Vall Llach Priorat 2007
Other Red Blends from Priorat, Spain
If one word could define the 2007 it would be maturity. Comprised of old vines - almost one hundred years old, with very low yields - that Celler Vall Llach owns on Porrera's hillsides give this wine a character that seduces and surprises.
Depth and structure are the outstanding attributes of this wine, its magnificent concentration manifests itself in a rich tapestry of potent and original aromas and flavors that do not eschew its subtlety and harmony.
Blend: 70% Cariñena, 15% Merlot, 15% Cabernet Sauvignon
The Wine Advocate - "The flagship 2007 Vall-Llach is 70% Carinena, 15% Merlot, and 15% Cabernet Sauvignon aged in new French oak for 14 months. Much of the Carinena is from estate vines over 100 years of age. It reveals an already complex perfume of fresh herbs, underbrush, slate, incense, and brooding black fruits that soars from the glass. Considerably more structured than its siblings, it has the stuffing to evolve for 8-10 years. Savory, plush, and built for pleasure, it will reward extended cellaring and deliver prime drinking from 2018 to 2035."
Wine Enthusiast - "This wine pushes the envelope on concentration and ripeness. It’s full of prune, raisin and licorice on the nose, but also a lot of weight. It’s quite jammy and soft by Priorat standards, as intense blackberry and molten fudge flavors take over. Chewy, warm and ready to drink."
Vall Llach Winery
From its founding in the early 1990s, by famed Spanish singer Lluís Llach and notary Enric Costa, Vall Llach winemaking has been governed by a commitment to rigor and quality. The winery lies in the tiny village of Porerra, in southern Catalonia, in the highly-acclaimed D.O.Q. Priorat. Here, the magnificent century-old vineyard estates of Vall Llach are home to 60- to 90-year-old Cariñena and Garnacha vines.
Old vines naturally produce low yields, and Vall Llach reduces yields even further through careful vineyard management for densely concentrated wines. Vineyards climb steep slate hillsides, receiving optimum sun exposure and beneficial water deprivation, further concentrating the fruit. Newer plantings of Garnacha, Cabernet Sauvignon, Merlot and Syrah add complexity to the old-vine character, and the resulting wines - Vall Llach, Idus, and Embruix - have received high critical acclaim. View all Vall Llach Wines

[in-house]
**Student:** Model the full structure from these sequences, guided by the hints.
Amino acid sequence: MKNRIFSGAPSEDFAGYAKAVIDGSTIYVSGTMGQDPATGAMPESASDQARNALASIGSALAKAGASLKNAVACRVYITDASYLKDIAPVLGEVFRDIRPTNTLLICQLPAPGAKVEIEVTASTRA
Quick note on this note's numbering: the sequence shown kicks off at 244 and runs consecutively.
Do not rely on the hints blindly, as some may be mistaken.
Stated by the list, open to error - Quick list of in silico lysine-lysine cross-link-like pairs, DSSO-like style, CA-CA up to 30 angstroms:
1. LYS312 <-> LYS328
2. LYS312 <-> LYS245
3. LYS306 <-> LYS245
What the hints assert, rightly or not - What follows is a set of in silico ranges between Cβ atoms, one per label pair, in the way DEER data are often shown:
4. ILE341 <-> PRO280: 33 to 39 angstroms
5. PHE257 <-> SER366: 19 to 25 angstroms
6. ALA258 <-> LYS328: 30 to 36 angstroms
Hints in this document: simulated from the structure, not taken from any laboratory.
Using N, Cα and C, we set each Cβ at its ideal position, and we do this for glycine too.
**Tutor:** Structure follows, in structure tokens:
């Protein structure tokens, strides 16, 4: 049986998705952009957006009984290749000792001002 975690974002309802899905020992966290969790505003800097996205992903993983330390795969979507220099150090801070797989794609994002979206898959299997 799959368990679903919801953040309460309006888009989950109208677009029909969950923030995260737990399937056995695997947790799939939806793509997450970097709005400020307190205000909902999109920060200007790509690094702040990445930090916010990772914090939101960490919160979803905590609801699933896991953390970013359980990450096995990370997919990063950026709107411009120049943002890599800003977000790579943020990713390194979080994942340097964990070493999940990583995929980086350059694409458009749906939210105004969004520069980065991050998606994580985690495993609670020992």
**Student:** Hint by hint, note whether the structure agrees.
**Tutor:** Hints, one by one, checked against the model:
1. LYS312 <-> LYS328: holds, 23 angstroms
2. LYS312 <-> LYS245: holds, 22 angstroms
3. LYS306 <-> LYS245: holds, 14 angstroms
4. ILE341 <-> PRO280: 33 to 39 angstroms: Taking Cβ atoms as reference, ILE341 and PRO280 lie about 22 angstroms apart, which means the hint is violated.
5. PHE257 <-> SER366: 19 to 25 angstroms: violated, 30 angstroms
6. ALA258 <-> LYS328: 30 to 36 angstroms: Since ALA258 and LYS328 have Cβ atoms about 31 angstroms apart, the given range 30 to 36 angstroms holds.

About PrioratView a map of Priorat wineries (pree-ohr-aht) Spain, sparking envy among collectors. The region has become something of a cult wine producer, creating wines that cost up to 5 times that of a quality Rioja. The region has a special soil, called llicorella made of a brown slate mixed together with rocks. Mountains surround the area and the vines are tended by hand.
Notable FactsThe red wines here are based on Garnacha, and produce inky wine with intense fruit flavors of blackberry and plums, not to mention a required minimum of 13.5% alcohol. The secondary grape of the region is Carinena (Carignan in France). This grape has lost favor in most parts of the world due to its rustic nature, but here in Priorat it's a welcome structural addition to the Garnacha based wines.
The most popular red varieties of Spain include Tempranillo and Garnacha (Grenache). Whites don't garner quite as much recognition, but there are some regional varieties not to be missed, like Albarino and Verdejo. The popular red regions of Spain include Rioja, known for its outstanding wines of the Tempranillo grape; Ribera del Duero, producing high quality reds from Tempranillo and Garnacha; Galacia, with the sub-region of Rias Baixas, home to the deliciously crisp and floral Albarino grape; and Priorat, a region increasing in popularity with its high-quality cult reds. Other regions of note are Rueda, growing the Verdejo grape, La Mancha, a wide desert region, covered in the most planted white variety in the world, Airen, and Jumilla, making wines based on Monastrell (Mourvedre).
Spain's wine laws are based on the Denominacion de Origen (DO) classification system, devised in the 1930's. A four tiered system, the most basic level is Vina de Mesa (table wine) followed by Vino de la Tierra (country wine), DO and at the top DOC. Currently, only Rioja and Priorat have DOC status, while over 65 DO's scatter the country.
Most DO regions are classified and regulated by how long they age the wines. On a red wine label, one may find the terms Crianza, Reserva or Gran Reserva, denoting the wine's barrel and bottle time. Crianza is usually two years between barrel and bottle (the time in each depends on the DO and/or the winemaker), Reserva up to 4 years and Gran Reserva 5 – 6 years. Classifications of each region and wine are controlled by the region's Consejo Regulador.
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